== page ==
By Earsdon Church I saw one day
The story now was fading
And so I climbed aboard a ship
At this point there is a monalogue written by Tom Kelly
The miners marched along this road
By Earsdon Church I came again
Beside a silent stone
Click here to hearthis song performed by the Steve Thompson band recorded live at the Customs House South Shields (UK)
The Silent Stone
The Story Behind This Song
Earsdon is a picturesque village in North Tyneside close to Whitley Bay. The church at Earsdon, St Albans creates a typically English scene of a church on a hilltop, surrounded by trees and is a sight that can be seen for miles around. (see above)
Tucked away behind the church, under a leafy canopy and surrounded by thorns and brambles, is a memorial to the 204 miners who lost their lives in the 1862 disaster at Hartley Pit. This is a very quiet place and the visit is made even more poignant when you notice that the youngest names on the monument are those of miners only 10 years old! There are others of 11 and 12 and many have the same name so possibly father and son(s) of many families were killed. I have heard that the funeral procession through Earson Village took many hours to pass. The pictures below may give you an indication of the atmosphere at this memorial.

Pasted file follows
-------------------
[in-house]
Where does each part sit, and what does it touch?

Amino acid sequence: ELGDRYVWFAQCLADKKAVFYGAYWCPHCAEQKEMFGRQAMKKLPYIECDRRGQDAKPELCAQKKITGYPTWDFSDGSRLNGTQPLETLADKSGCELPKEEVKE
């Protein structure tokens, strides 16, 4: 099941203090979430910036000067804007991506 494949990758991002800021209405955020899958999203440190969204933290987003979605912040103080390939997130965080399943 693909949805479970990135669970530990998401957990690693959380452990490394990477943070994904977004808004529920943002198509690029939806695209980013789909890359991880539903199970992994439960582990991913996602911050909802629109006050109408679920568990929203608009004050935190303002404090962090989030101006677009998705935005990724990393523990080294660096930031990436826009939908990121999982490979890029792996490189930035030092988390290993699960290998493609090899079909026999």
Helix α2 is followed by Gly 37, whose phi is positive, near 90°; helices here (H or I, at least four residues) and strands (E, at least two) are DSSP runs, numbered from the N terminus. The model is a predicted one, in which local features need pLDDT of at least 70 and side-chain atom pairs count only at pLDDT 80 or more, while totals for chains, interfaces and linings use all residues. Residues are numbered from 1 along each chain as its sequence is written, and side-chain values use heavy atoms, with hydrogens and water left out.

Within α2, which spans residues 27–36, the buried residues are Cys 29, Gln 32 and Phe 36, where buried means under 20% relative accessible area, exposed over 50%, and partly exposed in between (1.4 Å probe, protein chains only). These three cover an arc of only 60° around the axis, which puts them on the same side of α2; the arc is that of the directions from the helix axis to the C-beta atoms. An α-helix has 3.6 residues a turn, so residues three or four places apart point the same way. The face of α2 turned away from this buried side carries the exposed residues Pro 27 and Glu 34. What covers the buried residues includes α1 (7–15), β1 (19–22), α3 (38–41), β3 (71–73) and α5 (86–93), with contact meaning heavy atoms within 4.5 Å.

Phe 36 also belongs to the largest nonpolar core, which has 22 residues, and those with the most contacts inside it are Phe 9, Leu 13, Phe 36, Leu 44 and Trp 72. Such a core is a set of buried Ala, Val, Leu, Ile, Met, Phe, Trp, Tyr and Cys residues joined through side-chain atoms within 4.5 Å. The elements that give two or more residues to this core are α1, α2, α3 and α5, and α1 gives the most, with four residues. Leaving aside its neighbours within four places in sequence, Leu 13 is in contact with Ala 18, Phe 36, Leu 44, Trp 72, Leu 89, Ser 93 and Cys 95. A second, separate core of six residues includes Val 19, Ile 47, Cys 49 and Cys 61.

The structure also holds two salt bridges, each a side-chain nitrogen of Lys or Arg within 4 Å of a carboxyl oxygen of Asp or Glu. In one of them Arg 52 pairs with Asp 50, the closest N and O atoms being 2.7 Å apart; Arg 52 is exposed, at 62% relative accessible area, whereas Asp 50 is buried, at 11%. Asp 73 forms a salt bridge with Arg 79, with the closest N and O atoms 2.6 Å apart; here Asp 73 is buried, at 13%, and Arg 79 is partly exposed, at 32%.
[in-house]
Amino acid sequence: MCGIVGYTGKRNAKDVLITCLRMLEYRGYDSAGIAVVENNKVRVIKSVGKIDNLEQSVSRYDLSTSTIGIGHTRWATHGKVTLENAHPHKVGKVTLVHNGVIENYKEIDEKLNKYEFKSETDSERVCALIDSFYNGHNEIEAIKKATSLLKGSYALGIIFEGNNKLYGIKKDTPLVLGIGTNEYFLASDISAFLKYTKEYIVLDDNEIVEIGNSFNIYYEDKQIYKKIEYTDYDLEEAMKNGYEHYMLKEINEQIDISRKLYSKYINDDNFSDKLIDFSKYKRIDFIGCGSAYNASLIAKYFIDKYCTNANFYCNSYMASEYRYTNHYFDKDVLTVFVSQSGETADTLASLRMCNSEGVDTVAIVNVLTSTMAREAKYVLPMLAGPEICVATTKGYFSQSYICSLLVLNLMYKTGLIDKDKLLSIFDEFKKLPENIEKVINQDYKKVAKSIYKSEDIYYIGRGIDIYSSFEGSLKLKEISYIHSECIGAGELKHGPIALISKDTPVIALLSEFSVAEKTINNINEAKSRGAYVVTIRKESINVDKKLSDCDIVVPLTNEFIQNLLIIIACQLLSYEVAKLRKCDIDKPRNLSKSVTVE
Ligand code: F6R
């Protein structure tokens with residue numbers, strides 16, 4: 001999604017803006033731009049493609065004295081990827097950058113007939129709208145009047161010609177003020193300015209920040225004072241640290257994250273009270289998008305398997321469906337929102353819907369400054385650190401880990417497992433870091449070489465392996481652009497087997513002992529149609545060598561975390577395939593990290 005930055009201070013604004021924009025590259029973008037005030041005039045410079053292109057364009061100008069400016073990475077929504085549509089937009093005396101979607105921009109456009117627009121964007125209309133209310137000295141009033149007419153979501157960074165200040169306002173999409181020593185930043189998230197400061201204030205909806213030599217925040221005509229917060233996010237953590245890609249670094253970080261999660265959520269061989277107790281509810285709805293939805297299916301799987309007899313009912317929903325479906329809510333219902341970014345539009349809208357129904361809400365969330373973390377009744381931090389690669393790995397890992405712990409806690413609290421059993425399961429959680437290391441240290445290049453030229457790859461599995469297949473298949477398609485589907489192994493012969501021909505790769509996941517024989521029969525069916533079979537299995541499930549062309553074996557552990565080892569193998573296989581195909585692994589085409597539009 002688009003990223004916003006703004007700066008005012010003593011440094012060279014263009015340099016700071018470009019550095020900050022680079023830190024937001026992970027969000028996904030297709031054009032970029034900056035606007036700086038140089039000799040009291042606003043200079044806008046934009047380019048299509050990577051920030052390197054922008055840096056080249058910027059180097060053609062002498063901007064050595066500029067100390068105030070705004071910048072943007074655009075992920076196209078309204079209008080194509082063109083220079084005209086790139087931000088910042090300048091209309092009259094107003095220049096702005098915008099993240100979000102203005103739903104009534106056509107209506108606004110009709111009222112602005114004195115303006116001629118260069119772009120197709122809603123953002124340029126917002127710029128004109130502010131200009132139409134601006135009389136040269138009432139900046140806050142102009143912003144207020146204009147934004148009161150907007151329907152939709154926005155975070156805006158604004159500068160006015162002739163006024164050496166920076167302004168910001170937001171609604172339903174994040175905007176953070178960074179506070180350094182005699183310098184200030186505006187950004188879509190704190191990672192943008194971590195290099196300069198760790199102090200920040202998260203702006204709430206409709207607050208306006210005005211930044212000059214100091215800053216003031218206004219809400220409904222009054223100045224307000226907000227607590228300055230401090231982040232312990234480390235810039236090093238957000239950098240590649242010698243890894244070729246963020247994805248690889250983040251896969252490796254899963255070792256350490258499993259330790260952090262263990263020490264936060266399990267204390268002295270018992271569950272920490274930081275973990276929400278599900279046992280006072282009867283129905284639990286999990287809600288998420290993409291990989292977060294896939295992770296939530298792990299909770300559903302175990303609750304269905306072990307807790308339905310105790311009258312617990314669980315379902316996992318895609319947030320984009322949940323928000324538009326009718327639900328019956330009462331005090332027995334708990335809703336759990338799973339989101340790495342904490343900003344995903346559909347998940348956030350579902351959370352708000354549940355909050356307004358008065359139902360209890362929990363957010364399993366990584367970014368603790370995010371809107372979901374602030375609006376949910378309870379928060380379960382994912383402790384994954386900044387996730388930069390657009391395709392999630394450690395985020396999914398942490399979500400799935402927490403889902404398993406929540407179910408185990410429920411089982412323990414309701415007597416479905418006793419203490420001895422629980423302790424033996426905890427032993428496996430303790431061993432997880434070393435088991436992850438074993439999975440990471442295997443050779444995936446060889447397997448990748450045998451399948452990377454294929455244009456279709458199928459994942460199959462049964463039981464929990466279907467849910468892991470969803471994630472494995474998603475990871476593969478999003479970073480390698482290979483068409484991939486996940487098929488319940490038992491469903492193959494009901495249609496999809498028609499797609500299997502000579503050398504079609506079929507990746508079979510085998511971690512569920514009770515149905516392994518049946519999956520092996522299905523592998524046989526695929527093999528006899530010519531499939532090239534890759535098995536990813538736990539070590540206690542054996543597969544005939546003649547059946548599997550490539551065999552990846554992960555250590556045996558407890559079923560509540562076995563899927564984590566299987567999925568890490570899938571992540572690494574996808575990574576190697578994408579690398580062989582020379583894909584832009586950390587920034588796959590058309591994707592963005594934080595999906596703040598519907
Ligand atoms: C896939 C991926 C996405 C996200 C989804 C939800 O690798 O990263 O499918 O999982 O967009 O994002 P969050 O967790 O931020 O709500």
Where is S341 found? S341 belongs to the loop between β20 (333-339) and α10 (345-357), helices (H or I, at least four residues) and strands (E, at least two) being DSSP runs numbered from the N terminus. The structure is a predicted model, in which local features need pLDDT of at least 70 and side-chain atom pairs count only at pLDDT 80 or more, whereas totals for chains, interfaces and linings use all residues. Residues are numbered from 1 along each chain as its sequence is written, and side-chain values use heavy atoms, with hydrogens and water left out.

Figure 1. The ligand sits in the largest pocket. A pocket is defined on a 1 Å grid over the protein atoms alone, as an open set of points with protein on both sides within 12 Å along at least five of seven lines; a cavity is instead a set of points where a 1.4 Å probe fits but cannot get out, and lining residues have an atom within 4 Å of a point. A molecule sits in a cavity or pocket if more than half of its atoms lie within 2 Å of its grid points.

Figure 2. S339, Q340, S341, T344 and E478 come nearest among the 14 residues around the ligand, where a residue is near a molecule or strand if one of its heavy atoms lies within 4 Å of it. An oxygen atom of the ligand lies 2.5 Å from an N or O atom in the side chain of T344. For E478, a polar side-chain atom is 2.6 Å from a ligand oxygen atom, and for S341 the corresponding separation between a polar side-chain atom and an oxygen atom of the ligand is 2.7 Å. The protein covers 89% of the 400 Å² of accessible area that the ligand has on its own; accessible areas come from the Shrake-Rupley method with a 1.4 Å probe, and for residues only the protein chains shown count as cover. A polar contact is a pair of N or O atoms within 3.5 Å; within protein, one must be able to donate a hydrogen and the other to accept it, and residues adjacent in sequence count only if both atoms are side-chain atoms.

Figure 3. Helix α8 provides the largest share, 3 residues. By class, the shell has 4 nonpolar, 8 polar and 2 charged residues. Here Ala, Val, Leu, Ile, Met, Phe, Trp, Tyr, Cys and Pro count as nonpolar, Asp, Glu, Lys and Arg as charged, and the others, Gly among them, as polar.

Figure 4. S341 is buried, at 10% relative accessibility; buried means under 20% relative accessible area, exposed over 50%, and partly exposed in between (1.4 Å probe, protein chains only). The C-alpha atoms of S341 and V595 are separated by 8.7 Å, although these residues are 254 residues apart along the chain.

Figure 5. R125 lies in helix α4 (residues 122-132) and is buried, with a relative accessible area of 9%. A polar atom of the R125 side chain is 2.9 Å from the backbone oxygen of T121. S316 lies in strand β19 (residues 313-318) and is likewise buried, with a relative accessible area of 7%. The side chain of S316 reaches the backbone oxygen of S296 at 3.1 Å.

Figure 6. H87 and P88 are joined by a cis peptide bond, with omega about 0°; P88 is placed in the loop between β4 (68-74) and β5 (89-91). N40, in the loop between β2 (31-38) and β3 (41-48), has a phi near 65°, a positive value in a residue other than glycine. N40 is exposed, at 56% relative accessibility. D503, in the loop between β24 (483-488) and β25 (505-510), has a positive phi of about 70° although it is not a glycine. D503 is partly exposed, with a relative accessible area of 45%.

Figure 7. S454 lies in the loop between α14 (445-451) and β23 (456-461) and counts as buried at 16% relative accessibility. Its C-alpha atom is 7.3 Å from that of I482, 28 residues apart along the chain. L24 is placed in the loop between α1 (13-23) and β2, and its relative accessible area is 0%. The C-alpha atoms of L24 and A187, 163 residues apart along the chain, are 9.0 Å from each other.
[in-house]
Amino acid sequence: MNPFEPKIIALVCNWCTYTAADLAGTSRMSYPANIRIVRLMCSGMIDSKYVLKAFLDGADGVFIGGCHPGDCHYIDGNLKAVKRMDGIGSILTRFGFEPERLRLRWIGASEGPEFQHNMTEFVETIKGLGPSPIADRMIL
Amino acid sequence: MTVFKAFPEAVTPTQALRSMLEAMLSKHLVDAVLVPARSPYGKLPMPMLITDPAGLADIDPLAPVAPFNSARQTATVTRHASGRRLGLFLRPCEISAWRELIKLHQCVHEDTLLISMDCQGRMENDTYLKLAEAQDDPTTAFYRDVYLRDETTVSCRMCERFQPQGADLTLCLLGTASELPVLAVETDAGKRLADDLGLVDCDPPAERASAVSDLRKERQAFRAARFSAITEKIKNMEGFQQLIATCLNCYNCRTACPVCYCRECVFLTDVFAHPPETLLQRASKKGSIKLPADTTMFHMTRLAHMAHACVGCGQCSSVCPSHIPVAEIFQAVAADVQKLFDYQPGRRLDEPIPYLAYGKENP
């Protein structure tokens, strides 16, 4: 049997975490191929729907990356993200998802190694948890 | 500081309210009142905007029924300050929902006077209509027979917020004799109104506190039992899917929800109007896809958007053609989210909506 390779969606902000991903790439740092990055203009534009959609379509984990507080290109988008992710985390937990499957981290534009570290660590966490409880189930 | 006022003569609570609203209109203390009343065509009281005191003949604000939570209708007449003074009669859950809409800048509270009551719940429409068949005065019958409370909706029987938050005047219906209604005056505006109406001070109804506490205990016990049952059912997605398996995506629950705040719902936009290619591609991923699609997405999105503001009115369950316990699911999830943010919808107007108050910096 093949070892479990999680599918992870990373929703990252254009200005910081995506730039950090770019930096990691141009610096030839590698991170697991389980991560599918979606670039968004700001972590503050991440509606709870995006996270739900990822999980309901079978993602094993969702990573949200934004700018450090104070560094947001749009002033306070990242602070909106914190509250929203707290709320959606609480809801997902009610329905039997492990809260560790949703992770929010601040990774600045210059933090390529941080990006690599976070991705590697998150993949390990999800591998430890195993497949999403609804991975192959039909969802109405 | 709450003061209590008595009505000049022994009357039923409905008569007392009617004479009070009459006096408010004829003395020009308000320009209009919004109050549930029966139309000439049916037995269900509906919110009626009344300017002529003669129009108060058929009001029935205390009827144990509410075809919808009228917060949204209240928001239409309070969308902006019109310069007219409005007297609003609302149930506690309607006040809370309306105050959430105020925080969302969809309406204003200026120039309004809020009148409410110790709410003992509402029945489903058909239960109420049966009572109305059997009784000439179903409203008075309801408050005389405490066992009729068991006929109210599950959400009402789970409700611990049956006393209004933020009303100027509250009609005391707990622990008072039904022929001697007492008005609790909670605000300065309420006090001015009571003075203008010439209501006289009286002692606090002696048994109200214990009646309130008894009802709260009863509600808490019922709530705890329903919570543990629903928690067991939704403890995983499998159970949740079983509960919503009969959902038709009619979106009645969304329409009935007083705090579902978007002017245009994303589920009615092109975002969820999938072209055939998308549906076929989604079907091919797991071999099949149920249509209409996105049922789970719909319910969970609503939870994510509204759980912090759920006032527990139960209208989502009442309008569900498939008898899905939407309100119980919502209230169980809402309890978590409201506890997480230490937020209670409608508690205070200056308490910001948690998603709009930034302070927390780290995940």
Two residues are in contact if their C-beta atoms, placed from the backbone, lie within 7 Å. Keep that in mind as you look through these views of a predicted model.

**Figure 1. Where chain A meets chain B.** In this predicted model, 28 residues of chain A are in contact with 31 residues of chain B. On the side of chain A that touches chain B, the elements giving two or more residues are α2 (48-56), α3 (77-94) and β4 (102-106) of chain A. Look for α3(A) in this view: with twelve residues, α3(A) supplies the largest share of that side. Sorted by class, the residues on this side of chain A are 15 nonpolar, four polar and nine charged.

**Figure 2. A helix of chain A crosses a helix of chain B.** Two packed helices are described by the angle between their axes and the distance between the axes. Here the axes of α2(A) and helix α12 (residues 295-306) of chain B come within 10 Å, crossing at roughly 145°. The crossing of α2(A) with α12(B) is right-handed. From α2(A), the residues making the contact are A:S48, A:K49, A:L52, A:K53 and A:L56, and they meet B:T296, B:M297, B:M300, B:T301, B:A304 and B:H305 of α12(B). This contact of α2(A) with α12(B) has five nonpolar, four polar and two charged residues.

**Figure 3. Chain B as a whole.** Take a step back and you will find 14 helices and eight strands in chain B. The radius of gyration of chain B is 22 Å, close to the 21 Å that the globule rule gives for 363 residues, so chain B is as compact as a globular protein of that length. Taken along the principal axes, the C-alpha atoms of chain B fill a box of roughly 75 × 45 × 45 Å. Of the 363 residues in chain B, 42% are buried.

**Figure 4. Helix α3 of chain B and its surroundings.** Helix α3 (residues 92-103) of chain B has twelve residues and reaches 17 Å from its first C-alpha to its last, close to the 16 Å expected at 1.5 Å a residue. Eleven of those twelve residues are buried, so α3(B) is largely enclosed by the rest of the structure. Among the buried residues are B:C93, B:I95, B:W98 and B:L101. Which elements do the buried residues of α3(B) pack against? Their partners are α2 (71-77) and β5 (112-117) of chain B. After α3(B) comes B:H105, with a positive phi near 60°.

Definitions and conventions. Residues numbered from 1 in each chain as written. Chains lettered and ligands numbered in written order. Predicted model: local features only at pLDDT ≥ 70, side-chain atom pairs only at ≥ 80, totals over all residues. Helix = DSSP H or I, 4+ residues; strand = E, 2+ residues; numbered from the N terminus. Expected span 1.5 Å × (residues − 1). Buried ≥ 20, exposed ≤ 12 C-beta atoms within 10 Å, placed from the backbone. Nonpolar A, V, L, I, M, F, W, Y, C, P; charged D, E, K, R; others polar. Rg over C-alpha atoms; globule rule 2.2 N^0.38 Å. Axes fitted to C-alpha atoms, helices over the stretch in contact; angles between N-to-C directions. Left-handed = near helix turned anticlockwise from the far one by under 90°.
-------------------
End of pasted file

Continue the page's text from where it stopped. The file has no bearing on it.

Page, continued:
I posted a web page with pictures about this and have since been contacted by many people who have some connection with the story. One man, Mike Kirkup had written a book about mining in which there was a journalist of the day’s account of teh 10 days of teh unfolding dister. This book became my “time machine” by which I travelled in order to write this song.
The “Time Machine”
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